On arrival, we were blown away by the build quality and engineering involved in putting this kit together. The machined parts all fit perfectly, and it was actually one of the easiest parts to fit of the whole build. After a short amount of testing, we found no faults with any of the mechanical workings of the electric start and it has gotten me out of more than one sticky situation already!

Now, with all the major engine components in our hands it was time to pull the YZ engine out of the frame. From here, it was straight over to Greg James Motorcycles to be completely pulled down for a ground-up rebuild. While we had the cases stripped, I took the opportunity to have them all vapour blasted back to their original beauty. Nothing was left untouched in the rebuild, as well as adding the new components that had been recently acquired. We finally had the heart of the build completed and it was the WR’s turn.


As we stripped down the WR to a bare frame, the reality set in that this really was the point of no return. Even though all the calculations had been done and it was now time to put the plan into action, there were still some things that we couldn’t really know until we got into it. Like all previous conversions we had done which involved putting a two-stroke engine into a four-stroke frame, we knew there would need to be a ‘Y’ piece added to the front section of the frame to provide clearance for the expansion chamber to pass through. Drawing inspiration from our CR500 conversions we contacted the team at CP500 (conversionparts500.com) for some advice. These guys produce some of the highest quality conversion parts that we have ever used, including some awesome billet ‘Y’ pieces for their 500 builds, so we thought who better to ask.

Within an email back and forth, we had every dimensioned drawing for all the ‘Y’ pieces they manufactured and after carefully looking over each one, we found something that we thought we could make work. This part alone made our job 100 times easier and I can’t thank them enough for being completely open to sharing their knowledge with us to get us this solution.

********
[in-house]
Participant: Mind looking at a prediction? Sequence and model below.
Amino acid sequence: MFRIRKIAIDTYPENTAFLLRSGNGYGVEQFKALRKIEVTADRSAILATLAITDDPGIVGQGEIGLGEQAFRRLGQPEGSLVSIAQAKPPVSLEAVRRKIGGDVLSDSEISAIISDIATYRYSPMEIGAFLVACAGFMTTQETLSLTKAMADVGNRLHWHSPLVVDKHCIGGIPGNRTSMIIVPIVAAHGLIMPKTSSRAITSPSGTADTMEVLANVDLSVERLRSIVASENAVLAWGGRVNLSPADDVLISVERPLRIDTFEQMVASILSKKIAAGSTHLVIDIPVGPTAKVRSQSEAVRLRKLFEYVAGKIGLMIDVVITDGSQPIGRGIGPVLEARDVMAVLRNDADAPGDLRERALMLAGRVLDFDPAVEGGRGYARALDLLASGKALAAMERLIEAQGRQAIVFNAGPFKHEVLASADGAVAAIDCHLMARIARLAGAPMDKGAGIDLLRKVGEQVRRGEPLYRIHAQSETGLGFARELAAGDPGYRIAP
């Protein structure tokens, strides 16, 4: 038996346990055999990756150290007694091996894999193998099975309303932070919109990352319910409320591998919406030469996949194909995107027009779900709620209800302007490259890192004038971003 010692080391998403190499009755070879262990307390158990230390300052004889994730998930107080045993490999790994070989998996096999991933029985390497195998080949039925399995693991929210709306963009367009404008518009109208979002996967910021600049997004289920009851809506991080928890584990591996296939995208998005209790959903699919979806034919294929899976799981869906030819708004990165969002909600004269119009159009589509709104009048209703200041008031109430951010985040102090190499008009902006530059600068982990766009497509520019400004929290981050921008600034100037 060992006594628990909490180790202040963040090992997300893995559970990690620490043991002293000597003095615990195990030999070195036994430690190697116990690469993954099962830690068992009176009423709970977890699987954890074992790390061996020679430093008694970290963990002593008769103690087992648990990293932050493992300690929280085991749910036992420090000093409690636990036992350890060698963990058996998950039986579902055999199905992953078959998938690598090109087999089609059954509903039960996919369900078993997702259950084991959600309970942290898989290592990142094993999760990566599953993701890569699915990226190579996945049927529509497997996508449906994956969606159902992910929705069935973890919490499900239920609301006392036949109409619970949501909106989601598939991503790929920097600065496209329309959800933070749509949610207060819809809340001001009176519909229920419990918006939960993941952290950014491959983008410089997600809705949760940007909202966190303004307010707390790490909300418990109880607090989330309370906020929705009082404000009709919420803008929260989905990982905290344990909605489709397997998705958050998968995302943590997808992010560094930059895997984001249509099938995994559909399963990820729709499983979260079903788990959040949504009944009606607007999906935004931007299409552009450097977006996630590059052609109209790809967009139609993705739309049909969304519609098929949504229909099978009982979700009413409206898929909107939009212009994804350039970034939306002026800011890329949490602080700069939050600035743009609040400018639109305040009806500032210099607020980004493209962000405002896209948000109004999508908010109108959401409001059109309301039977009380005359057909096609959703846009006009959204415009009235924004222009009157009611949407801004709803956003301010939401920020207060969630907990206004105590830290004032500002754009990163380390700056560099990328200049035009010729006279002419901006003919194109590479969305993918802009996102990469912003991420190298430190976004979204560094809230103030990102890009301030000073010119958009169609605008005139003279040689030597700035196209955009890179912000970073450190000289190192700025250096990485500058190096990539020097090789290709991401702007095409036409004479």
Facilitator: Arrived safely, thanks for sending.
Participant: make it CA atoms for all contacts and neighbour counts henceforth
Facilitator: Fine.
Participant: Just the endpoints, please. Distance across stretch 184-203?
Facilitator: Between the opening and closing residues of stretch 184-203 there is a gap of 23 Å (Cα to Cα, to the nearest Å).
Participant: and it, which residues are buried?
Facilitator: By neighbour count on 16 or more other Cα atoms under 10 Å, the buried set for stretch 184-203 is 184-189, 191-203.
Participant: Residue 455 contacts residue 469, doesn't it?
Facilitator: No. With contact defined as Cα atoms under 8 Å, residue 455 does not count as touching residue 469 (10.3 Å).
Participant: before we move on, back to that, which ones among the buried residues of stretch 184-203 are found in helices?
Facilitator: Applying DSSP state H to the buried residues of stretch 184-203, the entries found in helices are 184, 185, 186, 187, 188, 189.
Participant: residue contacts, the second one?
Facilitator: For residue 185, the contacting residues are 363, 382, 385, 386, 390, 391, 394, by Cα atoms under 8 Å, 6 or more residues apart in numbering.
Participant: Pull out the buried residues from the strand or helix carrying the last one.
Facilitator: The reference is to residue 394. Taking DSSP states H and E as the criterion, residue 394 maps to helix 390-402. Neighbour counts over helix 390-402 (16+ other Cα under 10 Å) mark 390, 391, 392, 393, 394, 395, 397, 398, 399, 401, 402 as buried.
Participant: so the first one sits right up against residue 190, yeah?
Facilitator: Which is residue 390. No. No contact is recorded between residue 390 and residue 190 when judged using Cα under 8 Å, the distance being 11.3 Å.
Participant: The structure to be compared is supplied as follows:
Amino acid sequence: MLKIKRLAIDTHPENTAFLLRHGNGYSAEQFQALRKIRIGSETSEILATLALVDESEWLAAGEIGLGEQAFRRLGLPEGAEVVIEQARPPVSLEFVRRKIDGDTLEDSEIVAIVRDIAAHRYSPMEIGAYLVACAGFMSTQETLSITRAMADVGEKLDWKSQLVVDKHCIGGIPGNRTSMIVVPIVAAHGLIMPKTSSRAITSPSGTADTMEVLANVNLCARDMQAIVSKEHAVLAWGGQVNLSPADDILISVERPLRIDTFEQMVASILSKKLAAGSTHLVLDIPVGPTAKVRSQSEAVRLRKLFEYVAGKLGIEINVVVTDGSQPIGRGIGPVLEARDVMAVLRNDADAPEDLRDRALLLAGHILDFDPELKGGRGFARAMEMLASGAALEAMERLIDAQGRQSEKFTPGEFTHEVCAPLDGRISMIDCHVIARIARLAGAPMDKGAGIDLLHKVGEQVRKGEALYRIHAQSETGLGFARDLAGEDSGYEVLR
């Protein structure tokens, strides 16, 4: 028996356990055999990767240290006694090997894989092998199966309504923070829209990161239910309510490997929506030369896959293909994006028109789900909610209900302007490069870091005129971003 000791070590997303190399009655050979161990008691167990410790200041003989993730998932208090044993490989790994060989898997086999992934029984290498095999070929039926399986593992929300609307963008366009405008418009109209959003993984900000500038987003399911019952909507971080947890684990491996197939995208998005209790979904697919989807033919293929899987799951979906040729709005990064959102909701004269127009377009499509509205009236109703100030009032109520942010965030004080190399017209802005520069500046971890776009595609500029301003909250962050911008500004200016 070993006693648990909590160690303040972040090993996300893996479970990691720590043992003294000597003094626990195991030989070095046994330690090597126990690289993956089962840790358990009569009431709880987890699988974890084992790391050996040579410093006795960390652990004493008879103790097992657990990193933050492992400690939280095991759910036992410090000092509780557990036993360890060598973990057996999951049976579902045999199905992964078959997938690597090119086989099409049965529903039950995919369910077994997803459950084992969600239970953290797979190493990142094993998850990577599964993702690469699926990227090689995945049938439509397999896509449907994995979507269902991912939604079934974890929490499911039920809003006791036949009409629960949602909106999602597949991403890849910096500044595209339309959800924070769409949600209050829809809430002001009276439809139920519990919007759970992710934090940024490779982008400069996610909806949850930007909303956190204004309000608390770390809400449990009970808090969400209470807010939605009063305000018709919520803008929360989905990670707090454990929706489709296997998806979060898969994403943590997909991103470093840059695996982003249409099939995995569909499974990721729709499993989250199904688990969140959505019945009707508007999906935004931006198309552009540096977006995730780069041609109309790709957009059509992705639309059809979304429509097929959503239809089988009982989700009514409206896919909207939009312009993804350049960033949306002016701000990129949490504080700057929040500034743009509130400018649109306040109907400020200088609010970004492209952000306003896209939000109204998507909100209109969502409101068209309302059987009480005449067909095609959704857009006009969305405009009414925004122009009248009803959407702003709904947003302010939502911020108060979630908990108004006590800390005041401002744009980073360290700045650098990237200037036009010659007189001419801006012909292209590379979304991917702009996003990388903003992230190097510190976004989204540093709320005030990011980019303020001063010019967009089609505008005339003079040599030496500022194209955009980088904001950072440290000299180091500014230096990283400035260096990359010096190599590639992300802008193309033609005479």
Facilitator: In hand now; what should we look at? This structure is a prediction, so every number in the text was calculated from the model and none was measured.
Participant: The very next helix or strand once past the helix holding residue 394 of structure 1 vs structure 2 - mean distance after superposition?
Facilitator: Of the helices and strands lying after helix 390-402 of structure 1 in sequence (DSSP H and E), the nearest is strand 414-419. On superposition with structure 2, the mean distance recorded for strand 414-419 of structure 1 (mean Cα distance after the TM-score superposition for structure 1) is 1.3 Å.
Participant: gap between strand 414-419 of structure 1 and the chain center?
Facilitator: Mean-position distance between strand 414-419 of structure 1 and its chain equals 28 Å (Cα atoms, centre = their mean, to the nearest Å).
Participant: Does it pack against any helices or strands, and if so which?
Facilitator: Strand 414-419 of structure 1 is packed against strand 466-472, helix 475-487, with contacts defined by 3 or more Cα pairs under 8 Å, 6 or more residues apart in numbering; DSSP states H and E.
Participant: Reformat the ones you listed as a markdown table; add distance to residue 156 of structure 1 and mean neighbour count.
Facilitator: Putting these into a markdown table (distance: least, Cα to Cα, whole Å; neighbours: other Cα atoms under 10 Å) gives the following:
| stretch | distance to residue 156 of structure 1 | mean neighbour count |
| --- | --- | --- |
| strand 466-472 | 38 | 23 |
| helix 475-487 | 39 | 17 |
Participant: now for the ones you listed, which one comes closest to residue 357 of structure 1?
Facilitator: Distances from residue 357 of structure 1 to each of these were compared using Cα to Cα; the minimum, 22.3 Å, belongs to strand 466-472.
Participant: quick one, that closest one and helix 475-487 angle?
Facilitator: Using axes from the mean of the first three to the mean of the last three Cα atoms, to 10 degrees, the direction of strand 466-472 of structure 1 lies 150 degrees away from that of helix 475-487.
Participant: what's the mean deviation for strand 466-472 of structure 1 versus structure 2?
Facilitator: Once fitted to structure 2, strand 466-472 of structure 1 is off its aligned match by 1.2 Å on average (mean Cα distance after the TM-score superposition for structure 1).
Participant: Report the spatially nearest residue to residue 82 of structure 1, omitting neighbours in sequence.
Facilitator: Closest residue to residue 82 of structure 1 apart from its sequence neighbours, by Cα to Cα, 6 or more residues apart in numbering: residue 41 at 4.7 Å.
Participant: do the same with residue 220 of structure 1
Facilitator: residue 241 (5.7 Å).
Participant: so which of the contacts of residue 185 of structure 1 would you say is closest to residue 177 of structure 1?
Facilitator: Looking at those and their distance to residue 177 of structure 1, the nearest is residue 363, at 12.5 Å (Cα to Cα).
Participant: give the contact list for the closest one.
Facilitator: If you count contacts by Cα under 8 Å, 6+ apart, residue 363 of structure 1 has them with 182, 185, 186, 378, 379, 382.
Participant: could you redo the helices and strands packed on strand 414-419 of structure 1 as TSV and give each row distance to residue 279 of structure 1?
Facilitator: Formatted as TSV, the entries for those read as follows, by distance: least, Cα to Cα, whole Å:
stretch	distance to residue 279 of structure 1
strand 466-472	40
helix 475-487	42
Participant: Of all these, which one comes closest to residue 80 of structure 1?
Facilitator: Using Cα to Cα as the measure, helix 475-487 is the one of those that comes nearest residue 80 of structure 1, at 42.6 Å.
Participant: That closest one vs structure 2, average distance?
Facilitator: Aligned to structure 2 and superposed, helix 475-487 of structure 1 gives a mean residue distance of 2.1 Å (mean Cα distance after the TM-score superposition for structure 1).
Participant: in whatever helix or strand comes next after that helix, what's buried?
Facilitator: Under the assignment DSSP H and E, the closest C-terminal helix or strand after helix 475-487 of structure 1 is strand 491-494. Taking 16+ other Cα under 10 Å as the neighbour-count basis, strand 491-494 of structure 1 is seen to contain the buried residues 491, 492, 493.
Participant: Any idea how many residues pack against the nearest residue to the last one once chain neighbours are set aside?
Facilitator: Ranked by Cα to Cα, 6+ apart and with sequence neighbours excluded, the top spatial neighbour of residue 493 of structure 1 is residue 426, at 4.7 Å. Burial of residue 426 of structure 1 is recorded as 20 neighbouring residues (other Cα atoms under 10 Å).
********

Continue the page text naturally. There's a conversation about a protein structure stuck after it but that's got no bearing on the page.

With the first major hurdle of the frame work cleared it was time to make the first cuts. I could only put it down to some solid preparation for this day (maybe a bit of luck) but it was smooth sailing at this point. Within an afternoon we had the ‘Y’ piece fitted, new lower engine mounts fabricated and finally a look at the new heart sitting perfectly in its new home. Almost too perfectly! Everything seemed to line up, the angle, the heights, the spacings, like it was just meant to be. This was a great motivation for the next steps as we knew we weren’t out of the woods just yet. From here the head stay mounts had to be manufactured with a new crossmember added within the frame to support a stock style bracket which we had laser cut with our logo in it. We spent a lot of time trying to make things look as factory as possible with an overall goal of a ‘straight off the showroom floor’ look that we were going for. These pieces completed the engine mounting and now it was time for the real challenge.


The airbox. A lot of our R&D was focused on this part in the lead up to the build, as we knew it would be the ‘make or break’ for the whole project. Yamaha started moving towards the reverse cylinder engine around 2010 with the YZ450F with the WR implementing the same technology soon after. This means that the exhaust exits from the rear of the cylinder and the air intake breathes from the front, placing the stock WR airbox up near the handlebars (where a traditional fuel tank would be) instead of at the rear of the bike like most other models. The YZ two-stroke engine is the exact opposite, and to make matters worse, the air intake and carby line up directly with the rear shock reservoir.